Jenny Staletovich

Environment Reporter

Jenny Staletovich has been a journalist working in Florida for nearly 20 years.

She’s reported on some of the region’s major environment stories, including the 2018 devastating red tide and blue-green algae blooms, impacts from climate change and Everglades restoration, the nation’s largest water restoration project. She’s also written about disappearing rare forests, invasive pythons, diseased coral and a host of other critical issues around the state.

She covered the environment, climate change and hurricanes for the Miami Herald for five years and previously freelanced for the paper. She worked at the Palm Beach Post from 1989 to 2000, covering crime, government and general assignment stories.

She has won several state and national awards including the Scripps Howard National Journalism Award for Distinguished Service to the First Amendment, the Green Eyeshades and the Sunshine State Awards.

Staletovich graduated from Smith College and lives in Miami, with her husband and their three children.

Ways to Connect

Miami Waterkeeper

A crack in a half-century old iron sewer pipe has grown and could keep leaking for up to three weeks while workers struggle to fix it, Miami-Dade County Water and Sewer Director Kevin Lynskey said Friday.

Miami-Dade County

Over the weekend, a crack surfaced in a 55-year-old underground sewer pipe in Miami's Oleta River.

The small crack is less than two square inches in diameter and has so far spewed about a half million gallons of raw sewage. But the flow will continue as workers race to install a bypass pipe on the aging line - work they expect to complete by Thursday night.

While less severe than originally suspected when a kayacker discovered the leak Sunday, the spill is drawing attention to a worsening problem across Miami-Dade County: polluted waterways.

Courtesy of Valerie Preziosi

Four thousand years ago, rising seas decimated huge swaths of mangroves in Florida Bay.

Today, seas rising at a far greater rate, combined with increasing storms and drought, could lead to another catastrophic loss of mangroves that help keep the state from sliding into the sea, according to a new study published by the U.S. Geological Survey in the journal Nature Communications.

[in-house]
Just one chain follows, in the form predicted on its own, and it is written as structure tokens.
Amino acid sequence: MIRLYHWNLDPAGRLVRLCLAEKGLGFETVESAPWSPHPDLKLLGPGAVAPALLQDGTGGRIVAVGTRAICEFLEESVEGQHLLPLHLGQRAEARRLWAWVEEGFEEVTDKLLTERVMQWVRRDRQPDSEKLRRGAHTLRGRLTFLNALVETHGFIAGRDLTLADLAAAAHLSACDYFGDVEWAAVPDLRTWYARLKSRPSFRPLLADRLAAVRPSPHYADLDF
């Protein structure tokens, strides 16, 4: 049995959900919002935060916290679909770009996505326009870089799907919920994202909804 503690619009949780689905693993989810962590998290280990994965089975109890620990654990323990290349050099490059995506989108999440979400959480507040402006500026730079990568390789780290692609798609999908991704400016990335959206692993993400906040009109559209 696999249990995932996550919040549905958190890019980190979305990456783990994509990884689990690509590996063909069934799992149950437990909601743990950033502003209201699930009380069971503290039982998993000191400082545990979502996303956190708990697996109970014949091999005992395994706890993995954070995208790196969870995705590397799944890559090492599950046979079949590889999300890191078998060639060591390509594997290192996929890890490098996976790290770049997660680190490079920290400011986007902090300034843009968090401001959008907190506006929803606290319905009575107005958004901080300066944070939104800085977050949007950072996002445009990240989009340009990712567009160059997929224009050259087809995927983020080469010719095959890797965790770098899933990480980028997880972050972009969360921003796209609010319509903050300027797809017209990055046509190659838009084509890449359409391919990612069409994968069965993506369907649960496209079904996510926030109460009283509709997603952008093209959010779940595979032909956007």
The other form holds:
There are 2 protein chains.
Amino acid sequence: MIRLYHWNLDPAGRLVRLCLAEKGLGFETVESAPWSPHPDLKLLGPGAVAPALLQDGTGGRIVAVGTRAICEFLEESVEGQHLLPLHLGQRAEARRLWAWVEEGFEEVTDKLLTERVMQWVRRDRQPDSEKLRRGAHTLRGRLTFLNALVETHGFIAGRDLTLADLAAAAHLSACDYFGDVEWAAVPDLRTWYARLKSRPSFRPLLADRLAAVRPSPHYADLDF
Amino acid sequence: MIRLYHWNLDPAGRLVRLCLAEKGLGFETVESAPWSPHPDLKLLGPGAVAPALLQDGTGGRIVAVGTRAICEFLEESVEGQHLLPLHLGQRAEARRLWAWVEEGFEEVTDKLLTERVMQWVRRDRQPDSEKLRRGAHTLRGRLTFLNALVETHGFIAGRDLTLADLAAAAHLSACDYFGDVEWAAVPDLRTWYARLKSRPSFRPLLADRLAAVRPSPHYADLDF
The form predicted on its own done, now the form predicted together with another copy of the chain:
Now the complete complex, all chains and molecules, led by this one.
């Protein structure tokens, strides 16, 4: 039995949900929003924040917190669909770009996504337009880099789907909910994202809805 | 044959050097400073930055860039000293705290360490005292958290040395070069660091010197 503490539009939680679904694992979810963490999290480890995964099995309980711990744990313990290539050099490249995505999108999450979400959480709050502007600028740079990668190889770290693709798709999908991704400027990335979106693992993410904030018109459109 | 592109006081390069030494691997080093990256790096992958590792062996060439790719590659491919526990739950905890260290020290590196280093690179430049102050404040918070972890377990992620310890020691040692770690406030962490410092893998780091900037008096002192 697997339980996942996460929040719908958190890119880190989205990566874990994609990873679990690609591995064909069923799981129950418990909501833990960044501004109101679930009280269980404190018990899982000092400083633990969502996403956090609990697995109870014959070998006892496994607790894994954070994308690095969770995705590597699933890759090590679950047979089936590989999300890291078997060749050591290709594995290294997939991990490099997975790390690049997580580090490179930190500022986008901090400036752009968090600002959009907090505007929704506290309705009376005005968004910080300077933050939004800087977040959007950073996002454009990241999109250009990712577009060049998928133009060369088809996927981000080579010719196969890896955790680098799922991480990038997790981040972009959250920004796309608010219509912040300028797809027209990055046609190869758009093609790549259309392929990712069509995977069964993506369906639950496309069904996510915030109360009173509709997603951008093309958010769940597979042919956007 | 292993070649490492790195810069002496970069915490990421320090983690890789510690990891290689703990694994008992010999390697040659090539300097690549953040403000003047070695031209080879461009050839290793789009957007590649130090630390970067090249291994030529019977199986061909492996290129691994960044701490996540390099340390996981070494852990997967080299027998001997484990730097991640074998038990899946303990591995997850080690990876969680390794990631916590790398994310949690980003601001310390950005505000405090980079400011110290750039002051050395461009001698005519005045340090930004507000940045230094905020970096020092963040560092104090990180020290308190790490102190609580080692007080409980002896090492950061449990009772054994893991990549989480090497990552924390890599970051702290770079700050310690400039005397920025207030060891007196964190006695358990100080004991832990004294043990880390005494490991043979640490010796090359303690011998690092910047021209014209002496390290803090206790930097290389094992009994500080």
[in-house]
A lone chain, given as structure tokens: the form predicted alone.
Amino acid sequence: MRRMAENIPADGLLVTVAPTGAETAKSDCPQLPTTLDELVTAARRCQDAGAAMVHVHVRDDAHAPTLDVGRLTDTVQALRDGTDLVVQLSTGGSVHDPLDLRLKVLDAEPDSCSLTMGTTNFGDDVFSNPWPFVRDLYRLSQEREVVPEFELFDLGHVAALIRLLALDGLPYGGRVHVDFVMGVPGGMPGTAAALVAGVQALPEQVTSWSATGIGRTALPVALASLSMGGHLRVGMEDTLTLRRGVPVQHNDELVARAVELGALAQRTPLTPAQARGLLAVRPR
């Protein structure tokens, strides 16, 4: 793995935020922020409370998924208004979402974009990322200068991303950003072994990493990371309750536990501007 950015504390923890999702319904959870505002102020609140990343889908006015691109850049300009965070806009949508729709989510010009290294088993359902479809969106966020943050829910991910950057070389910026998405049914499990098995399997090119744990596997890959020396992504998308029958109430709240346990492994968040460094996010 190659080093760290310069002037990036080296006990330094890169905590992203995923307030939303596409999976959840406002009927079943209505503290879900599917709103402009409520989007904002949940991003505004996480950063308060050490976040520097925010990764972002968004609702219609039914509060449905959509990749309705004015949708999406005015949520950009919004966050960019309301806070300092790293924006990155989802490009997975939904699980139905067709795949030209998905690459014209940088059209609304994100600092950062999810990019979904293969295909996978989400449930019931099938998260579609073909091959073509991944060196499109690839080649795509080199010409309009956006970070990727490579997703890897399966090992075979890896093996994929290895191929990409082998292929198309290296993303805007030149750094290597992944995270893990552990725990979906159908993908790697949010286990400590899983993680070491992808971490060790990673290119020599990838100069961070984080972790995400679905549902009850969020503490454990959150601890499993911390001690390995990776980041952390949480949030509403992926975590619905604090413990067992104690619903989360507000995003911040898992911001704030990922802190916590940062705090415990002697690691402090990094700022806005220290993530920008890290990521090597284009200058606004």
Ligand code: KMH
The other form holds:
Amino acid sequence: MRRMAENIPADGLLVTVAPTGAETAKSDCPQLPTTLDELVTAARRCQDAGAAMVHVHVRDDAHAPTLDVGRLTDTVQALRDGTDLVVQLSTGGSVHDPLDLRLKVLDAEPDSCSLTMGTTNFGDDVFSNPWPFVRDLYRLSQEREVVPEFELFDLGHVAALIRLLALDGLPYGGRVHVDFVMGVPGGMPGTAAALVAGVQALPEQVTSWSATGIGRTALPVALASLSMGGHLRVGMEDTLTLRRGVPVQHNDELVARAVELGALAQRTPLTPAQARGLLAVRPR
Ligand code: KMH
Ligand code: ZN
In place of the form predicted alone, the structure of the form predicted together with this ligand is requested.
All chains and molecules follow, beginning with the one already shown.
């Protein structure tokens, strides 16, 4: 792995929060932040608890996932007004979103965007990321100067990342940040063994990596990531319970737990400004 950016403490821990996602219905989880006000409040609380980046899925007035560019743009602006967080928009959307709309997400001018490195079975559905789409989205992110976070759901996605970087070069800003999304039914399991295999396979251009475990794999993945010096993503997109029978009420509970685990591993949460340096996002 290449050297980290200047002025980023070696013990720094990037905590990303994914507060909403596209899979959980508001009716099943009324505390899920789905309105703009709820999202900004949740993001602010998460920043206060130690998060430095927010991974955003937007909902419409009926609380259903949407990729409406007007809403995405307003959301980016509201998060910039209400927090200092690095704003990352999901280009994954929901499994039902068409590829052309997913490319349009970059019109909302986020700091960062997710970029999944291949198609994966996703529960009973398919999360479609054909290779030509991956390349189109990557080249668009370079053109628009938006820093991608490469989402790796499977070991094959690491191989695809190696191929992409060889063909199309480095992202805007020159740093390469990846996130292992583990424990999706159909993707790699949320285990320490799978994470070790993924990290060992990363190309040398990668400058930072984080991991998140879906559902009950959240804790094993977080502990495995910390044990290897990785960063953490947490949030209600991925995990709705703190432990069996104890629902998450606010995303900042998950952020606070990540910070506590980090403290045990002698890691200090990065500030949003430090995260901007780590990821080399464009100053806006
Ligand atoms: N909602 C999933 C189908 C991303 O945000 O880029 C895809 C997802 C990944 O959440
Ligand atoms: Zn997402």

WRLN

Two years after Volkswagen agreed to settle an emissions cheating scandal that paid millions to states where the dirty vehicles were sold, Florida is ready to decide how to spend its $166 million.

Carl Juste/Miami Herald

Randall Dasher is a fourth-generation Florida farmer and until last year, he never had a crop of iron-clay cowpeas fail.

"Something has changed and somewhere, someway, that has affected our yields," he said Monday during a panel at the University of Florida, where farmers met with U.S. Rep. Kathy Castor of Tampa, scientists and agriculture officials.

Miami Herald archives

As the planet heats up, polar ice melts, seas rise and Biblical-size rains become more frequent, hurricanes are expected to get wetter and more intense.

But less certain is how much climate change is making these fierce storms, which target Florida more than any other U.S. state, more punishing now.

Emily Michot Miami Herald

More than a week's worth of King Tides set a new record at Virginia Key, running higher than the high tides during seasonal tides that typically hit in the fall.

For the last eight days, each high tide has set a new record for the day, said Brian McNoldy, a University of Miami Rosenstiel School of Marine and Atmospheric Science senior researcher. At it's highest, on Aug. 2, the tide reached 2.55 feet, more than a foot above the daily average of 1.33 feet. 

Florida Keys National Marine Sanctuary

The sparkling waters of the Florida Keys National Marine Sanctuary help pump $4.4 billion into the state's economy while supporting 43,000 jobs, according to a report published Tuesday.

Miami Herald archives

There's a new wrinkle in the ongoing debate over whether to build a highway across protected wetlands in Miami-Dade County: an iffy savings on commute times.

The Florida Everglades can be a contentious place. Politicians, conservationists and farmers never seem to agree on much.

Debate among scientists tends to be collegial. But a new study on coral and the Florida Keys that gained national headlines last week has reignited a decades-old dispute over pollution and the Everglades.

 

Jenny Staletovich/WLRN

In a gravel parking lot on Virginia Key crowded with shade tanks used for raising fish, coral researchers have a new project underway: a Noah's Ark for disappearing coral.

Florida Fish and Wildlife Conservation Commission

Across South Florida, 2019 is shaping up to be the year of the big lizard.

At their yearly gathering to talk about invasive species this week, more than 200 scientists from universities, state and federal agencies and national parks said the spike in big lizard sightings has caught them by surprise. In addition to green iguanas and tegus, nile monitor lizards, water monitors, spiny-tailed iguanas and rhinoceros iguana appear to be spreading.

PEDRO PORTAL / MIAMI HERALD

Climate change is making the planet warmer, but a new report says there's something worse on the horizon: extreme heat.

Miami Herald archives

Extending the 836/Dolphin Expressway over protected wetlands in Miami-Dade County is drawing new scrutiny from South Florida water managers.

AL DIAZ / MIAMI HERALD

A new high tide forecast from the National Oceanic and Atmospheric Administration calls for ongoing sea rise to nearly double the number of days with sunny day flooding over just two decades ago.

The forecast, issued Wednesday for the entire U.S. coast, concludes that flooding from tides is likely to change from a sporadic problem to a chronic one.

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